By Xuanjie (Lucas) Gong, Biotechnology MS ’19; Shihan Dong, Biotechnology MS ’19; and Princess Aghayere, Health & Societies ‘19
This morning, we had our official kickoff in the morning. It was a great meeting with Dr. Ellis, the Dean of School of Public Health. In the afternoon, professors from different schools delivered three lectures about the state of mental health, maternal and child nutrition, and health systems in Ghana.
The mental health lecture, given by Dr. Emma Adjaottor, was impressive and surprising. We are so lucky that we met one of the psychiatric physicians among a hundred across the country. The doctor frankly introduced mental health development in Ghana. Though they have lagged behind, they have made a lot of progress, with the number of psychiatrists in Ghana recently increasing from single digits to the double digits. Dr. Adjattor emphasized that the epidemiology of mental health in Ghana is nearly identical to the rest of the world, particularly in terms of incidence and prevalence, even though it is severely under-reported. The doctor explained that, although the epidemiology is the same, the terms used to describe these issues are often different, relying on more local ideas, such as spirits and witchcraft.
The maternal and child nutrition lecture, given by Dr. Samuel Newton, was even more astonishing. Kangaroo mother care (KMC), in which a prematurely born infant is given constant skin-to-skin contact with the mother, is undergoing study in Ghana, and it has shown promising outcomes. Even with limited studies, KMC has been found to greatly increase the likelihood of survival even when using “surrogates,” such as grandmothers and even fathers. The professor also introduced another study that found that the application of oxytocin during the third stage of labor in mothers at risk of postpartum hemorrhage (PPH) greatly decreased the likelihood of PPH.
Finally, Professor Ellis Owusu-Dabo gave an extensive lecture covering the health systems of Ghana, which are logically and hierarchically managed, with administrations at the national, local, district, sub-district, and community levels. We also learned about the insurance program in Ghana. For formally employed workers, national insurance participation is mandatory, as it is funded by a mandatory tax on their income, like in many socialist countries. However, insurance coverage is a more complicated matter in Ghana, in which a very large proportion of the population is not formally employed and instead earn its living through trading and cash-paying jobs. For these people, other than the free public health services provided by the government such as malaria, tuberculosis, and HIV care, they must pay out of pocket for many other services.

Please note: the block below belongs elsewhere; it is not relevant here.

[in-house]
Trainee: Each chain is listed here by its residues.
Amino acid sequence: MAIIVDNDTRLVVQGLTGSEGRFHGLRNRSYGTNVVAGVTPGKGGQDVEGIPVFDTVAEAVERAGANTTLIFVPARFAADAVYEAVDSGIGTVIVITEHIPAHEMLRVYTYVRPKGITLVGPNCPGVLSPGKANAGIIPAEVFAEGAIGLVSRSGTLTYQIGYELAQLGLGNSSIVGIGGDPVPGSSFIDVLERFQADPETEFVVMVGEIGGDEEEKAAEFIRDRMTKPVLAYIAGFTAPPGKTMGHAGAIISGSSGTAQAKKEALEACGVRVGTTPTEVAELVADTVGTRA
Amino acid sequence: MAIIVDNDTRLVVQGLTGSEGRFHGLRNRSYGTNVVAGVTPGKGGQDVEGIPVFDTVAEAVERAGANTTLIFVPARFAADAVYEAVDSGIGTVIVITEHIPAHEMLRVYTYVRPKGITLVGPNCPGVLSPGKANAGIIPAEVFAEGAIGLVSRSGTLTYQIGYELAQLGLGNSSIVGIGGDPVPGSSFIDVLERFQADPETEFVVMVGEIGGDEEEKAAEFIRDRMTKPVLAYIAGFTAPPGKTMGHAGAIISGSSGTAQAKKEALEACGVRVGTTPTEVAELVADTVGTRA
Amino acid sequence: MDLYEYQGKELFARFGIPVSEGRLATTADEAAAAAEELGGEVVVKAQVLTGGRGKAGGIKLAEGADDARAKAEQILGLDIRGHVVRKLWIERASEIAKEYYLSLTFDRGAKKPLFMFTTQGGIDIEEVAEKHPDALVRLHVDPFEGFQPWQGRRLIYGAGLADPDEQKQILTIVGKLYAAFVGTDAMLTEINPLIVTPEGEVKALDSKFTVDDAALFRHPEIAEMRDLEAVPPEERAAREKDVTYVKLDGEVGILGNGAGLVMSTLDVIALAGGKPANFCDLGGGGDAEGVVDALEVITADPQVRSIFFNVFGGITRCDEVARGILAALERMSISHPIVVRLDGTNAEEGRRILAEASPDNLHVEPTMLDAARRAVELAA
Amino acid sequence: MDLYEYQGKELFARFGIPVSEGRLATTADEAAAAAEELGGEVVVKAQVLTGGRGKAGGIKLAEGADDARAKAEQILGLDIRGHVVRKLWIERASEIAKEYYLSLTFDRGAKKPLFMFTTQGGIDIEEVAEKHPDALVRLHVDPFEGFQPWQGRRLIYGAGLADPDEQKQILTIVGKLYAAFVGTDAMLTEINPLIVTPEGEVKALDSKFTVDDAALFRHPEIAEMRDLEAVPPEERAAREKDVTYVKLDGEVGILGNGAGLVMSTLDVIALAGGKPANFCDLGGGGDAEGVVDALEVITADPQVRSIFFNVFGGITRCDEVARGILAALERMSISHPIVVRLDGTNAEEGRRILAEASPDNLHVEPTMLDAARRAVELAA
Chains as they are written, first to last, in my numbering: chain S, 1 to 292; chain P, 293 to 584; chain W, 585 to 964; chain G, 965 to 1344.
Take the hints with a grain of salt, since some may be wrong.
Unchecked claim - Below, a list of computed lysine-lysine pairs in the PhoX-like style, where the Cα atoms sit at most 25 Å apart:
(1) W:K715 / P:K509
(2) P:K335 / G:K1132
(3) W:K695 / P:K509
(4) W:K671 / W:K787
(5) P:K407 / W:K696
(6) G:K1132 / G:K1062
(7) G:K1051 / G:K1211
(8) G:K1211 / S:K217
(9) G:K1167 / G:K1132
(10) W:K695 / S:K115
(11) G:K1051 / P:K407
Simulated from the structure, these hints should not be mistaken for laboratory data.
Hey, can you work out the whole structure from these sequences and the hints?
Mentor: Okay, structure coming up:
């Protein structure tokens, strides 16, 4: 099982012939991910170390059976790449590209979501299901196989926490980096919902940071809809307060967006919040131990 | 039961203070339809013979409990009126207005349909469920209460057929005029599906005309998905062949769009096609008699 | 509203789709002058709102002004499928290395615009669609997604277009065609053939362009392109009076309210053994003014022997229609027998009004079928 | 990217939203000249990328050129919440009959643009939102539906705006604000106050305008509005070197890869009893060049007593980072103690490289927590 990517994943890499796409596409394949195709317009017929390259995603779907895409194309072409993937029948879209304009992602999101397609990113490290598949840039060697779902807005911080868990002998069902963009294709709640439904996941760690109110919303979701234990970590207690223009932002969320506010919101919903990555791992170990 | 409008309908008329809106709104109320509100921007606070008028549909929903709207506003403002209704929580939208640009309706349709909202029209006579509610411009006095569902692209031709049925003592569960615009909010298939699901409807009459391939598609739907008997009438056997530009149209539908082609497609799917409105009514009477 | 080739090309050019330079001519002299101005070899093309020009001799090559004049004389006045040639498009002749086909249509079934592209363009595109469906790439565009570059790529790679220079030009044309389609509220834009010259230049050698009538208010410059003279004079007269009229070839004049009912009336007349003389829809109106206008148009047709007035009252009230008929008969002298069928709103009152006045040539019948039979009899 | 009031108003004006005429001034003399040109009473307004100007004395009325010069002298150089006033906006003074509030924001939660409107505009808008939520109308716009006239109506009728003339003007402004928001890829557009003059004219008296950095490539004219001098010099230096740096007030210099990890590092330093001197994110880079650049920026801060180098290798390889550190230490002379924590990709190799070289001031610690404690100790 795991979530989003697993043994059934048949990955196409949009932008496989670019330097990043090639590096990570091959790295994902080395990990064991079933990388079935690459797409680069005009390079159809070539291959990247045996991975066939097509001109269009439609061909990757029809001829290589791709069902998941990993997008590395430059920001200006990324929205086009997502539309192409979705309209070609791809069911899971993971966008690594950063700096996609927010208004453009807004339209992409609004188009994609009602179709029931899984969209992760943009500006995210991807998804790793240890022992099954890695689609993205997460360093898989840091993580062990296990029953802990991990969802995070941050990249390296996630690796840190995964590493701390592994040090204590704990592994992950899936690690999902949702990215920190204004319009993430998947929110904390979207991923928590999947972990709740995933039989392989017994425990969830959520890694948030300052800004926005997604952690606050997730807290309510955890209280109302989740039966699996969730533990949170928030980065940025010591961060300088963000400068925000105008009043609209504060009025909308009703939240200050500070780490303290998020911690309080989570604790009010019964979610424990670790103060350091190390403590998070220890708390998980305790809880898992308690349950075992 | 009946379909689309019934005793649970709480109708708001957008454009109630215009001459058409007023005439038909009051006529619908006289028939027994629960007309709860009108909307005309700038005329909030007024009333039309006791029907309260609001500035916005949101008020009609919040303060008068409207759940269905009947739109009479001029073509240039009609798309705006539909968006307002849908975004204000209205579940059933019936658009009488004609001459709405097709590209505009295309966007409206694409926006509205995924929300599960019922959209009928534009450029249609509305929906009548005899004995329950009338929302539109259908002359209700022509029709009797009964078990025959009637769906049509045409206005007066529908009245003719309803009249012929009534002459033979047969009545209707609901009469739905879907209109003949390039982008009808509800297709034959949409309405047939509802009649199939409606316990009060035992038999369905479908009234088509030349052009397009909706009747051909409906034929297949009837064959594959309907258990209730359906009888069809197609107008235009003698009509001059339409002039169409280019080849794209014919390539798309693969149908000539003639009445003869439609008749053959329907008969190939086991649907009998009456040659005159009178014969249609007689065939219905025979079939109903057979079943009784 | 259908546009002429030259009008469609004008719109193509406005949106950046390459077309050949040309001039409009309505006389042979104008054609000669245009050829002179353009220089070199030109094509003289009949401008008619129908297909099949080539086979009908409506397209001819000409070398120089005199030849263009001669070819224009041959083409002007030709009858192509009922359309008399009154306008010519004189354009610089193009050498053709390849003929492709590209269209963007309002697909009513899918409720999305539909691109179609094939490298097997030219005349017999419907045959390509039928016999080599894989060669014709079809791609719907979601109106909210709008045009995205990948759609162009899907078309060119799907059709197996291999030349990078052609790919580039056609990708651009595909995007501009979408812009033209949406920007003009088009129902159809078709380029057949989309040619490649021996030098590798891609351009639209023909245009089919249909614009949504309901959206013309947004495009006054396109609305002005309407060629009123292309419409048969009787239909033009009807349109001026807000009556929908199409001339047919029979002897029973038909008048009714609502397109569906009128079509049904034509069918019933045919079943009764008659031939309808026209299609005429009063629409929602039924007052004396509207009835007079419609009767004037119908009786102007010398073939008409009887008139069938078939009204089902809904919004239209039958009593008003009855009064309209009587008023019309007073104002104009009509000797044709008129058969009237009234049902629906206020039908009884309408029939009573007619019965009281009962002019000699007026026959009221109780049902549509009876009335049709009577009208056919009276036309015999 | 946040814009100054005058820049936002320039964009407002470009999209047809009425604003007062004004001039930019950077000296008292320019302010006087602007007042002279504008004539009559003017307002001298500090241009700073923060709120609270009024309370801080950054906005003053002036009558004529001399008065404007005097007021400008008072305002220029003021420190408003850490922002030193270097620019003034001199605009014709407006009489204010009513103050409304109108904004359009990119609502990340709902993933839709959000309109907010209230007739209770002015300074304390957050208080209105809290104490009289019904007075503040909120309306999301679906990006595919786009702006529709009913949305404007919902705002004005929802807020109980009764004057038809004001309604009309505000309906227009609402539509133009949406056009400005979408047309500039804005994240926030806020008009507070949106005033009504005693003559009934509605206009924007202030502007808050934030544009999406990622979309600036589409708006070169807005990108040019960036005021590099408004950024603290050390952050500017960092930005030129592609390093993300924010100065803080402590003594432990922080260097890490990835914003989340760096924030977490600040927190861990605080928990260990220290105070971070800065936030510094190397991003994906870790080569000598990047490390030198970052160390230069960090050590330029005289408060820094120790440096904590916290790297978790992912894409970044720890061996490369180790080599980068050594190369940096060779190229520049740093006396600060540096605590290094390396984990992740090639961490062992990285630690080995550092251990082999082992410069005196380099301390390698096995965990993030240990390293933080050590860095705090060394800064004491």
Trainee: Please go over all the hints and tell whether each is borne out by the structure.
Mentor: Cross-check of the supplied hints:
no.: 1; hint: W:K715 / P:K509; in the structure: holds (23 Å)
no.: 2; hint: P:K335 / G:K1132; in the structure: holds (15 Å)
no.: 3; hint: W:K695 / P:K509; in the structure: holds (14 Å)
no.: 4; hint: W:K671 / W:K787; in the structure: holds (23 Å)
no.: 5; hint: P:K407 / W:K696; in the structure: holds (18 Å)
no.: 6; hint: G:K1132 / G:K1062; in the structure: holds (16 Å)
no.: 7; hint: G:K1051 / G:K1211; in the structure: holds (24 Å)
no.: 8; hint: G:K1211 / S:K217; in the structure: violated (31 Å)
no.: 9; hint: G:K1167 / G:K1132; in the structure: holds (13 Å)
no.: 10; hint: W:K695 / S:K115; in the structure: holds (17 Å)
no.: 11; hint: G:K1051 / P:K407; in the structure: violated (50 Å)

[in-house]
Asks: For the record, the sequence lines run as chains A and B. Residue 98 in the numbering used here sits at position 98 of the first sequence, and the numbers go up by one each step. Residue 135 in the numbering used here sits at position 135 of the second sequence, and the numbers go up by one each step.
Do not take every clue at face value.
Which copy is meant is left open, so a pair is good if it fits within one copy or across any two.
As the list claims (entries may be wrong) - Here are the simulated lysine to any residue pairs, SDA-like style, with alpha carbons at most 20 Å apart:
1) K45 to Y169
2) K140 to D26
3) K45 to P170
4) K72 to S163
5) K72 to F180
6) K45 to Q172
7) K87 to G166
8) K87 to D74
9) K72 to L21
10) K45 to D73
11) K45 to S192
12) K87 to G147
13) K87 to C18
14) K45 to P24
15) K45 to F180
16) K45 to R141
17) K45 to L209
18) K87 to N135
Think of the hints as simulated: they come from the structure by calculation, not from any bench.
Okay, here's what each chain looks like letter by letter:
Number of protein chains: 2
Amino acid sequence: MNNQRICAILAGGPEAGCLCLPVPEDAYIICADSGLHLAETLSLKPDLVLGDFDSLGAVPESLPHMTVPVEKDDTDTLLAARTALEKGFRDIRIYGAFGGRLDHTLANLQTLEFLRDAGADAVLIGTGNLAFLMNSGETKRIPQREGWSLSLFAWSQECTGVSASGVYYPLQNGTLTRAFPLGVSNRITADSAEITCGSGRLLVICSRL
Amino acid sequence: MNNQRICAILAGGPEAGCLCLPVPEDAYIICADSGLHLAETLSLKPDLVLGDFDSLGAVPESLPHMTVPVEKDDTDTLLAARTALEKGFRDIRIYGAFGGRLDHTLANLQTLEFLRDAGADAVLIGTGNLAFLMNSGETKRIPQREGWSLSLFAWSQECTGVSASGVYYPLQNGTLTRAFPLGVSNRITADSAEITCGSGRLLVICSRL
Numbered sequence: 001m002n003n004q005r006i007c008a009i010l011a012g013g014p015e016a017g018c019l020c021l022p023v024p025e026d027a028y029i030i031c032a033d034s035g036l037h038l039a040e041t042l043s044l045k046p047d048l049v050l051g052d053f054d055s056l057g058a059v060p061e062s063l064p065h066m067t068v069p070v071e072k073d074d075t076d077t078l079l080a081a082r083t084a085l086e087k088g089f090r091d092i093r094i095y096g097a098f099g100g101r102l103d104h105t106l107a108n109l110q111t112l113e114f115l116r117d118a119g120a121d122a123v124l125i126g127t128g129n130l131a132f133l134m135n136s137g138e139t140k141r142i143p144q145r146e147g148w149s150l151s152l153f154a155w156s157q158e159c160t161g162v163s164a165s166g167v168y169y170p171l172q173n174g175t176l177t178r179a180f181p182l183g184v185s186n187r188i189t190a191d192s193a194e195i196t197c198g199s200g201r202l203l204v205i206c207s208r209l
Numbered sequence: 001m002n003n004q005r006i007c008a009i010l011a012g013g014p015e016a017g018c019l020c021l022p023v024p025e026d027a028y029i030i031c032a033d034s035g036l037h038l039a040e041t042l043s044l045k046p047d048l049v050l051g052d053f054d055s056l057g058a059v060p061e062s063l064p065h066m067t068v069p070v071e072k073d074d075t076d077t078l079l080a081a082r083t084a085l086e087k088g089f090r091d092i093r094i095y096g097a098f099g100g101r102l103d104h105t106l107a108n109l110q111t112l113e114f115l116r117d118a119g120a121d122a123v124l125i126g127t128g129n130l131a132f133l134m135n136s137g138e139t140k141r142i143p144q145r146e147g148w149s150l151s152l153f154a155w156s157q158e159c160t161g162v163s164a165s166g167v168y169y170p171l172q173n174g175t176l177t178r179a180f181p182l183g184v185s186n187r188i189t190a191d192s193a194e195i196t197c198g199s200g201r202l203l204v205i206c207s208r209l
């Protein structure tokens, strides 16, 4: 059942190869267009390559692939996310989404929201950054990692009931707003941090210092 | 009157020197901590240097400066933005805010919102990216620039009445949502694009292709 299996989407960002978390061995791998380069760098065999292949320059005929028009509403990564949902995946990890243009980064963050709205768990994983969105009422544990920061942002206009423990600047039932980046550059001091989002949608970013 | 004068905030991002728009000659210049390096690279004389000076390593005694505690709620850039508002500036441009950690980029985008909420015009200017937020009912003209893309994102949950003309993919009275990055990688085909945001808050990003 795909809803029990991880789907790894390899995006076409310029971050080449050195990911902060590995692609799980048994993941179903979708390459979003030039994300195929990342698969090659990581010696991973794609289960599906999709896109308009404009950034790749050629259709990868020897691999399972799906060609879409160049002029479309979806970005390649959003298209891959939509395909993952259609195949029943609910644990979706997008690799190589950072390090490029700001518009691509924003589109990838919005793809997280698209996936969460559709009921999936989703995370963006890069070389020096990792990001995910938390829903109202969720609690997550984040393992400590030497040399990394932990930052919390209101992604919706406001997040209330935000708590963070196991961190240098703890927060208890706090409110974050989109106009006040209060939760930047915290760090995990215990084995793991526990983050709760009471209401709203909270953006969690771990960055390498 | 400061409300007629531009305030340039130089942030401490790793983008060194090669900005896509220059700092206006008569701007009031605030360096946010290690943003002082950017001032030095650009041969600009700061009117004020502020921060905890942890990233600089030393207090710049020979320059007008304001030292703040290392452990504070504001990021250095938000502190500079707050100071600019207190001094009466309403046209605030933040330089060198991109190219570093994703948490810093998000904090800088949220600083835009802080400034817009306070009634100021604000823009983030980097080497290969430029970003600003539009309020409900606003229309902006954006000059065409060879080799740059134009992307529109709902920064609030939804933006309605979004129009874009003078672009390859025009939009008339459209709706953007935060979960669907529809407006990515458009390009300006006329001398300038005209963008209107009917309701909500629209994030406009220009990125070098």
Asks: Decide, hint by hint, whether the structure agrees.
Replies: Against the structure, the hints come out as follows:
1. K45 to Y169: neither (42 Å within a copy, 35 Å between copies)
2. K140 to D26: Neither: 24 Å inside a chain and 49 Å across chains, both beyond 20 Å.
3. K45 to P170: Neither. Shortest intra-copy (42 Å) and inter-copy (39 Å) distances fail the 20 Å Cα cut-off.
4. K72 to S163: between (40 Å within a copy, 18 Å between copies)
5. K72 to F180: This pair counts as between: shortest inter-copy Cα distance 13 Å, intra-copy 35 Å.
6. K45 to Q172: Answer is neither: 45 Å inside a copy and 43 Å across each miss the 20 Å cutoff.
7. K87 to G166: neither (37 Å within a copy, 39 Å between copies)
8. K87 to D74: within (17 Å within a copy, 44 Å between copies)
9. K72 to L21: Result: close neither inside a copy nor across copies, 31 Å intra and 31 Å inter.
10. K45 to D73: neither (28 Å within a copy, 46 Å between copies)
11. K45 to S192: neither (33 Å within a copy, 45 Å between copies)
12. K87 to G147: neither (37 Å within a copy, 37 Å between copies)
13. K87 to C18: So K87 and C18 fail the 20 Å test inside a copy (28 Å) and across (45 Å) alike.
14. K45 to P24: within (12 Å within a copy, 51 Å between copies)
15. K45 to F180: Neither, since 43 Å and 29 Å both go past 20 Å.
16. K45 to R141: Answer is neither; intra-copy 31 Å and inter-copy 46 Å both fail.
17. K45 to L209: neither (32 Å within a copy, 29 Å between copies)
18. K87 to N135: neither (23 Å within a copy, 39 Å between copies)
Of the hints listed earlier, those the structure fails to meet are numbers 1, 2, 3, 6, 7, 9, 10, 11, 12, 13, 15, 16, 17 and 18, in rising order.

Tomorrow will be the very first clinic visit, where we can observe children suffering from severe acute malnutrition. So the three of us in the nutrition group, Princess, Shihan, and Xuanjie, gathered together after dinner to discuss what we would ask the doctors and nurses during the visit. We agreed that, at first, we should ask whether we can take pictures to record. As for nutrition, we will ask how healthcare workers there define malnutrition.
To our knowledge, malnutrition standards are normally based on BMI, which is a composition of weight, height, and age-related data. We want to know whether Ghanaian healthcare professions use the same standards here, as well as how the local standards differ from the established WHO standards. Furthermore, we will ask for access to their local data sets. In addition to the results of malnutrition, we also want to know what the major causes of malnutrition are. We assumed that the principal cause is poverty, and based on this assumption, we want to ask them whether there are any welfare systems or NGOs helping to resolve the problem. We hope to find out what the clinics’ initial steps are to resolve malnutrition. Our last question involves how macronutrients are measured.
Tomorrow evening, we will give an open presentation in a local church to female market workers. We first planned to deliver the presentation in a discussion form, but considering the language barrier and other factors, we decided to give a speech, but we will ask simple questions. We thought that the scope of our research was not appropriate for local life in Ghana because much of the research was done in the U.S.; thus, it was necessary to get the input of local people. By asking them questions about what they eat on a daily basis, we want to make our research as appropriate as possible. In relation to our presentation, we will briefly introduce what nutrition is and explain the 6 essential nutrients through definitions and explanation. For example, when introducing carbohydrates, we will refer to fufu or banku, which are local main dishes basically consisting of starch. Also, we came up with an educational idea for the future. If we have a projector, we could possibly show some dishes to let the audience choose which is more nutritious, to provide general idea of a nutritious diet.